“All authorised takes should be brought progressively within the allocation system.
“As catchments become fully allocated, consents should be clarified and strengthened to preserve their value. Water should be made more easily transferable between users while limits are preserved.” . . .
He described the report as a once in a generation opportunity :
. . . While there were some notable non-signatories to the outcomes of the four year experiment in consensus decision-making, the forum managed to get 95 percent of its 60-plus members from industry, local government, iwi, environmental groups, recreational users and farmers across the line on 67 recommendations.
Among signatories are the national farming lobby, Federated Farmers, although their objection to any system requiring water rents saw the forum make no recommendation in that area.
The system it promotes would see the government establish national guidelines and standards for freshwater catchment management, which would be used by regional councils as the foundation for collaborative processes at a local level to establish “scarcity thresholds” for freshwater resources. . .
Dairy NZ has welcomed the report:
DairyNZ says the key to setting and managing to water quality limits is collaborative decision-making at a catchment level.
Commenting today on the release of the final Land and Water Forum (LAWF) report, DairyNZ chairman John Luxton says, “We recognise, as the LAWF report does, that this kind of community-driven catchment process needs to become the centre of water quality and quantity management.
“That is how we will make a difference to water quality – catchment by catchment across the country. Communities understand that, because people can relate any impact to the place where they live and work and their local waterway, so will take some ownership of the actions.”
He says that dairy farmers are already involved in these kinds of processes throughout New Zealand. . .
The final report from the Land and Water Forum strikes a balance between preservation and production, says Beef + Lamb New Zealand.
As a member of the forum we sought recognition for sheep and beef farmers as stewards of our rural land, while preserving opportunities for those who manage water sustainably.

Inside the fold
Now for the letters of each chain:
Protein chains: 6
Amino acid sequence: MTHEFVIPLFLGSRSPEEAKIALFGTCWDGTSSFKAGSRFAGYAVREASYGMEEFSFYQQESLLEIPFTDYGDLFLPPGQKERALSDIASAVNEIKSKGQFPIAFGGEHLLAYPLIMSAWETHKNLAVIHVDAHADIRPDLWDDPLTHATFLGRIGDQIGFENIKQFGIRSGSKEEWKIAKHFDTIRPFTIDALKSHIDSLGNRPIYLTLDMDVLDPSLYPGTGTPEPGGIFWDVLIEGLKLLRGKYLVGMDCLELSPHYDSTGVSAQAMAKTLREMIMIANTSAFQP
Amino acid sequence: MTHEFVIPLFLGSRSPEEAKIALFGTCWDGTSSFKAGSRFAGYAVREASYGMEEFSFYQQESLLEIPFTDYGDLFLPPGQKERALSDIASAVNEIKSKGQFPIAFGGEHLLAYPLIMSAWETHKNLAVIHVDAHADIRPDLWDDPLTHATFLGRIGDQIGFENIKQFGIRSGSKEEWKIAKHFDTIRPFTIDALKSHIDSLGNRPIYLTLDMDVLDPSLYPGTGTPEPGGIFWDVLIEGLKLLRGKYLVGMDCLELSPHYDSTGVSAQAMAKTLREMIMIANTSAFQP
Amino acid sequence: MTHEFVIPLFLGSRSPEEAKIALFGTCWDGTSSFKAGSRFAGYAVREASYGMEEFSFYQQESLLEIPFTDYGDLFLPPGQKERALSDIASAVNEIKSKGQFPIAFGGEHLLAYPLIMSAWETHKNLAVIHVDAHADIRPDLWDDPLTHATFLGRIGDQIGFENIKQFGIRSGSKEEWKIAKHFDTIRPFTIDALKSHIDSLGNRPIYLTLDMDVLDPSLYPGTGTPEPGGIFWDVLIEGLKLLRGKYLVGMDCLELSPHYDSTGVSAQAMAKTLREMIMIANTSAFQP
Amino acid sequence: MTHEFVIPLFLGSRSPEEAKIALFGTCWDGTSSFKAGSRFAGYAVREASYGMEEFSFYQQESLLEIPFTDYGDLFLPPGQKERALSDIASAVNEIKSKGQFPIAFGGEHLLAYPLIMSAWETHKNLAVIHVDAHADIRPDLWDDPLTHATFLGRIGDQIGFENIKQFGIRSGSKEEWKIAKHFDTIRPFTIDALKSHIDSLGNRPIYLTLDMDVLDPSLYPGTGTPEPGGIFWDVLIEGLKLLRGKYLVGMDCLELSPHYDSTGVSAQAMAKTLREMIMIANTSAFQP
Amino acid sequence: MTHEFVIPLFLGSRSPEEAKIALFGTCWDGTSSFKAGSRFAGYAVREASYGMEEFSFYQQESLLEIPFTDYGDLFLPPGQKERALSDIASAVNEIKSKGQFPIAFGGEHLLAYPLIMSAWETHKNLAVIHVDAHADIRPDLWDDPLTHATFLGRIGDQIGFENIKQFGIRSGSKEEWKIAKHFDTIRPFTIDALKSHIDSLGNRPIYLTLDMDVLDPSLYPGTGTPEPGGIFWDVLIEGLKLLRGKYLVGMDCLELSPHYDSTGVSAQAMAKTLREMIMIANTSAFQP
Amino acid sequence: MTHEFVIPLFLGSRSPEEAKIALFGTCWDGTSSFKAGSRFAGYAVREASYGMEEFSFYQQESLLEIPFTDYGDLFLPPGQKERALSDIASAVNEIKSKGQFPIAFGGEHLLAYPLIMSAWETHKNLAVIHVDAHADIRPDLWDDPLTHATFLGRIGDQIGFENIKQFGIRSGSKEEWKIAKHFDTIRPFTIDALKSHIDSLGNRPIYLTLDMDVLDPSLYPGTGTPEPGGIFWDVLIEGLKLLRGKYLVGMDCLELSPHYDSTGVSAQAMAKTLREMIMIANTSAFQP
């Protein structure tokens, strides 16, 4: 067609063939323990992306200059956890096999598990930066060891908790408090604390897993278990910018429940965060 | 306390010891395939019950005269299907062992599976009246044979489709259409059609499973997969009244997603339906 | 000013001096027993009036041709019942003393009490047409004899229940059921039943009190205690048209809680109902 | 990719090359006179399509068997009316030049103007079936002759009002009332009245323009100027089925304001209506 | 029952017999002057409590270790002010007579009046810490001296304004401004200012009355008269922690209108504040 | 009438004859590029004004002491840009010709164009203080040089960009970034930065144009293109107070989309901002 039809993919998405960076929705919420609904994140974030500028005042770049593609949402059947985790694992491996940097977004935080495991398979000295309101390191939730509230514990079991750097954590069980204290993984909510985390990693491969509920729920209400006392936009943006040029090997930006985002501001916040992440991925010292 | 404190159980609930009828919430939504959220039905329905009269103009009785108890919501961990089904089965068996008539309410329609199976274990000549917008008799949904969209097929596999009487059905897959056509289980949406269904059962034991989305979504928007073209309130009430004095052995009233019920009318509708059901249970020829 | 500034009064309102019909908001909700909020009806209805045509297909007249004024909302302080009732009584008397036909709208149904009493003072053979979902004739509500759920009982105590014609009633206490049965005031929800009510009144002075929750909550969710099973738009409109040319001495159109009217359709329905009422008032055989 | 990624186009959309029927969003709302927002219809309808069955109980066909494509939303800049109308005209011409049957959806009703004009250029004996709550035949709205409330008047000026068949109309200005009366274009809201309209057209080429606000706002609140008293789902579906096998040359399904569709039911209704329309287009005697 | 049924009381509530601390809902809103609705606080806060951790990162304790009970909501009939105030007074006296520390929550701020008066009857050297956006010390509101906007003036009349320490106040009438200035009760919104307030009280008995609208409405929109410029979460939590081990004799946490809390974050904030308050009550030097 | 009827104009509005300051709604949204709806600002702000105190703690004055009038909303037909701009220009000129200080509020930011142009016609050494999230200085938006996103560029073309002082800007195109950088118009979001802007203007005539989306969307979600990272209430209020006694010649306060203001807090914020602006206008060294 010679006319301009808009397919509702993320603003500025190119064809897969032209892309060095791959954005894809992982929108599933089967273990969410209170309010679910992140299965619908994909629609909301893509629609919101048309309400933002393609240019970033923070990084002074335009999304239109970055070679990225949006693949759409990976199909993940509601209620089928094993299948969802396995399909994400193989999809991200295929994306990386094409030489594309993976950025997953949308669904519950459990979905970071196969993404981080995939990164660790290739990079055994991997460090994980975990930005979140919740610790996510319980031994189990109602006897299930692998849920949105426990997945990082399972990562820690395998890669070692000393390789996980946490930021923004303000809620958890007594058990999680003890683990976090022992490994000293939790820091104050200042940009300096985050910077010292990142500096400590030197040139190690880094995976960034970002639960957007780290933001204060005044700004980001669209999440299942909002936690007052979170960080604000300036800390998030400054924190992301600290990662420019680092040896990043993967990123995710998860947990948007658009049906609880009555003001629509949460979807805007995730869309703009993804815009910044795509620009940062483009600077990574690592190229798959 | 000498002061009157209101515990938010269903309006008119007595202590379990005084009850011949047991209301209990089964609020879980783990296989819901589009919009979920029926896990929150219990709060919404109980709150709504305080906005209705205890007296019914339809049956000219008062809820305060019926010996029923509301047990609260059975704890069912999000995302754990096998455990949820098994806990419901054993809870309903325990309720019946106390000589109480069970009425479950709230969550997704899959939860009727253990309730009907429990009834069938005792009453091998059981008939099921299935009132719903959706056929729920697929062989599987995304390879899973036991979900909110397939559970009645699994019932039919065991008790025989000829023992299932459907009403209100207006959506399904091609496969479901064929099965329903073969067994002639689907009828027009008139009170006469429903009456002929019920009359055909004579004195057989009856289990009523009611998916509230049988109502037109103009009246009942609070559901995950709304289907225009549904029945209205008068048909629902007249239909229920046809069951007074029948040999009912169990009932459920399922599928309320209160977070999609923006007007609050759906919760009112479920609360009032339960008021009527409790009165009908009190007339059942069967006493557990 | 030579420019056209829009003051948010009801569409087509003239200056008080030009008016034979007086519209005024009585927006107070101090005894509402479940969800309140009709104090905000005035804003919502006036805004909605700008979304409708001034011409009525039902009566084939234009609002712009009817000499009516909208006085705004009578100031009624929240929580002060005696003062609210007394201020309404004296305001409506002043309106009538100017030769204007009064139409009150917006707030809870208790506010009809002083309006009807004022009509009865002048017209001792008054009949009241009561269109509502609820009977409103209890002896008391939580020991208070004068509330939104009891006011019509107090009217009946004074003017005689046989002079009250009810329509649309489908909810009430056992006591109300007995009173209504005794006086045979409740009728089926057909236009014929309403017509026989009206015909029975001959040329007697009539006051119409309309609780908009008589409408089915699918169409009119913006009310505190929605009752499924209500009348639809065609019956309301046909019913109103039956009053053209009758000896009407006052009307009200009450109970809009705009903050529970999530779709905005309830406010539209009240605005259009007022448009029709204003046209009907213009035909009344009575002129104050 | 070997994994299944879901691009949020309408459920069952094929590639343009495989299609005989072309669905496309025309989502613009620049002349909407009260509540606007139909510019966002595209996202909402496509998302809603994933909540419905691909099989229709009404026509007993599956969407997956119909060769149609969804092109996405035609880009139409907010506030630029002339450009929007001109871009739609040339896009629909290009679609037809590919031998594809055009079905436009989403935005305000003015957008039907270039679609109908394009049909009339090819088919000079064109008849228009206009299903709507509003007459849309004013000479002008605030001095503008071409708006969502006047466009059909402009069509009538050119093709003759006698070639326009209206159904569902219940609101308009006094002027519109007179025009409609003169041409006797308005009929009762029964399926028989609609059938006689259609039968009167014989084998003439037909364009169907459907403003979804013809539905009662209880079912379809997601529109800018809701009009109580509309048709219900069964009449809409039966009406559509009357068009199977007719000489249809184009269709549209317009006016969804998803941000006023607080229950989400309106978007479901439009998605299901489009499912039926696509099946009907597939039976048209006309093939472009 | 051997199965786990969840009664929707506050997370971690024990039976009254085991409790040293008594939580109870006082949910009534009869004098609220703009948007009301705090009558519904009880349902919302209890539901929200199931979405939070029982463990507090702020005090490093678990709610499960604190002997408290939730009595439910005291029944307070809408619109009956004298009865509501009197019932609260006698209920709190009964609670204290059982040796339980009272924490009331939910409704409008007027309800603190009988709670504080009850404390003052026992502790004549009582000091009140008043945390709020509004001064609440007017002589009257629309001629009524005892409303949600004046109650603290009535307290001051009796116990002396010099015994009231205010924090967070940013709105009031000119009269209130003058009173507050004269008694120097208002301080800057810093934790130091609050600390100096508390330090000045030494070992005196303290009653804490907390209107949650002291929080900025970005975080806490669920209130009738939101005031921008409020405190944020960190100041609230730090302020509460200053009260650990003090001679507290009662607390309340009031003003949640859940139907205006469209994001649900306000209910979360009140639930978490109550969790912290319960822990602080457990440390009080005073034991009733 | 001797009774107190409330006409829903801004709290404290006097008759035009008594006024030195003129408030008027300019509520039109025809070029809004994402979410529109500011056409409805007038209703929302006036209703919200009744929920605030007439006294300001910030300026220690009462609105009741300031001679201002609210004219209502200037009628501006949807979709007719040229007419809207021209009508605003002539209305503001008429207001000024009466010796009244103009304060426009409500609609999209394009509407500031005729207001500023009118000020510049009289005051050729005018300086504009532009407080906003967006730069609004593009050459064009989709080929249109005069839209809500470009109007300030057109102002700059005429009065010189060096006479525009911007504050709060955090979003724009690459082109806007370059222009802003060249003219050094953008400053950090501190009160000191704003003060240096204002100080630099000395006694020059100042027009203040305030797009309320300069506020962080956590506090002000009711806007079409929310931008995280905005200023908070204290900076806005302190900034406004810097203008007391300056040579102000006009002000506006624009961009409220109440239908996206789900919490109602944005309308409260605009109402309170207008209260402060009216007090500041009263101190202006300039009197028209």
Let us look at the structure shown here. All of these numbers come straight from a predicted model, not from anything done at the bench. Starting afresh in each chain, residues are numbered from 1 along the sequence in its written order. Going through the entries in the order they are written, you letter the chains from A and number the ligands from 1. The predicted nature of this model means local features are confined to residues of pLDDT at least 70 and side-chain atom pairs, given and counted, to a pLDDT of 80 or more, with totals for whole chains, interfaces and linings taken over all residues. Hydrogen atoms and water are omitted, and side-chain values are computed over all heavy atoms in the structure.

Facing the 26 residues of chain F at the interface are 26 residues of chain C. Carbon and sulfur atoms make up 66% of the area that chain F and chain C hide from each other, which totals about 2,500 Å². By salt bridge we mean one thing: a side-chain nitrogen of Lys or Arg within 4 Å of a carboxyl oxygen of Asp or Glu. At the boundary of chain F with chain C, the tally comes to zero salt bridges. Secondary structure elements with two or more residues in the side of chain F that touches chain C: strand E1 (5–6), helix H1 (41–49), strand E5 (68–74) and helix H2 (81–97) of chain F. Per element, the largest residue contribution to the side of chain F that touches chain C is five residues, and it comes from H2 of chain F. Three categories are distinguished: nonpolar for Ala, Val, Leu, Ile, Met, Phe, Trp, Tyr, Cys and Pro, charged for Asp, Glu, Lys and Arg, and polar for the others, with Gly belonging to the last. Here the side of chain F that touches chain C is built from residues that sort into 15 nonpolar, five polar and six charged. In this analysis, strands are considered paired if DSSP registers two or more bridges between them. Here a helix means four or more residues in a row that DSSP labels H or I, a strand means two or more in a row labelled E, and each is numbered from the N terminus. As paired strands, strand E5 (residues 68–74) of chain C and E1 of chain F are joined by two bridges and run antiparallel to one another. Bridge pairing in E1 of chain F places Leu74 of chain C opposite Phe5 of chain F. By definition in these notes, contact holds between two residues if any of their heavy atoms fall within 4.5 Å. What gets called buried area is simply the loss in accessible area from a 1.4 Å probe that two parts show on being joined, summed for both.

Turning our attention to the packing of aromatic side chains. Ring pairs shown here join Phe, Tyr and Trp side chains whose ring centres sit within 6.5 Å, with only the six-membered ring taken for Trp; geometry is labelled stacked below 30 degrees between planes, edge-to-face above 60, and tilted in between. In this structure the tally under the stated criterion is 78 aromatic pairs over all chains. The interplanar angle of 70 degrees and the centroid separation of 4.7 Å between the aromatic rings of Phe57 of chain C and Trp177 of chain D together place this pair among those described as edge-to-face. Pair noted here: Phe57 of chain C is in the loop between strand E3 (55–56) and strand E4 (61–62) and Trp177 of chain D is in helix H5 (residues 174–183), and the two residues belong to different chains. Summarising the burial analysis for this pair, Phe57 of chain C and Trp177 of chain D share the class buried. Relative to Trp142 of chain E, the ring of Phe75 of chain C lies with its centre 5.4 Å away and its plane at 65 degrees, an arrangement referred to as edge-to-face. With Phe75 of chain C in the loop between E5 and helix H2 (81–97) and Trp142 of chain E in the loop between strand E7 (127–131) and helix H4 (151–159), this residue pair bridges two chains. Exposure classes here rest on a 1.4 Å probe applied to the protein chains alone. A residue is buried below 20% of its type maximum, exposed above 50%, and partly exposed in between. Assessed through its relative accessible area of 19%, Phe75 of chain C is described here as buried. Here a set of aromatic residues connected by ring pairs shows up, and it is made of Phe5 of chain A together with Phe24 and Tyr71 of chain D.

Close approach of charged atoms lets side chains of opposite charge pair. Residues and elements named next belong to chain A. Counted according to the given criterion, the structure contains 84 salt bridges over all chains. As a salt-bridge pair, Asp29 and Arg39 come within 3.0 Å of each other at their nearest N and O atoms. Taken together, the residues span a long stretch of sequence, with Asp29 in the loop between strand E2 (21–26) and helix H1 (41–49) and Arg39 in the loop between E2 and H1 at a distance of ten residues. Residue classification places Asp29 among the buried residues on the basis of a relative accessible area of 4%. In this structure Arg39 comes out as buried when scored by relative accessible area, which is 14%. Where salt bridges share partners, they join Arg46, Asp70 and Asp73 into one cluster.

It has been a long and complex process, says Beef + Lamb New Zealand Western North Island Farmer Director, Kirsten Bryant. “But, ultimately, one in which the voices of water users of all different types have been heard and in which we have all worked together for the good of all of New Zealand.”
She welcomed the emphasis throughout the process on local people making local decisions, within a national framework. . .
Meridian Energy also welcomes the report:
Meridian Energy today welcomed the release of the Land and Water Forum’s (LAWF’s) third report.
Chief Executive Mark Binns congratulated the Forum for pulling together a complex and diverse group of water interests.
“There are a range of views on the right approach to manage New Zealand’s fresh water resources. This forum has enabled all parties to put their views on the table,” says Mr Binns.
“Recognition should go to Chair Alistair Bisley and all Forum members for their four year collaboration. The result is three quality reports that will help improve water management for New Zealand.”
The water allocation report marks the conclusion of the Forum’s work. “LAWF’s collaboration provides an opportunity for making positive change to the way New Zealand manages its water. This framework is capable of protecting the environment and enabling economic growth,” says Mr Binns. . .
Business NZ says the recommendations are positive:
The third report of the Land and Water Forum brings useful recommendations for improving New Zealand’s freshwater management, says BusinessNZ.
Chief Executive Phil O’Reilly said water was essential for many business activities which drive New Zealand’s economy and on which many New Zealanders rely for employment and income growth.
“Businesses require the confidence to invest in infrastructure and other capital projects knowing their rights to use water are clearly understood and secure.
“Investors are risk averse and any changes in the right to take or use water over time need to be clearly understood.
“It is important that transfer and trade in water rights are facilitated to the extent possible allowing water to move to its highest valued use, without unnecessary restrictions from regulators.”
Fish and Game says cherry picking would derail a water clean up:
Fish & Game NZ says the release of the third and final Land and Water Forum (LWF) report will only have an impact on improving freshwater management if the Government accepts all of the Forum’s recommendations, which are interconnected, and not pick and choose those which suit.
In these three reports the Government now has the bones of a blueprint – reached by consensus – for how to manage the public water resource, says Fish & Game NZ chief executive Bryce Johnson.
“All three reports must be treated as a package deal,” he says. “LWF’s second report recommended the need for a national objectives framework for water quality but the Government took it upon itself to develop these outside the forum framework. We’ve never had reasonable justification for that decision, which is odd given all the expertise was around the LWF table.
“LWF has been deliberating on these issues to reach a consensus for fouryears now and during that time freshwater quality and quantity has continued to deteriorate,” says Mr Johnson. . .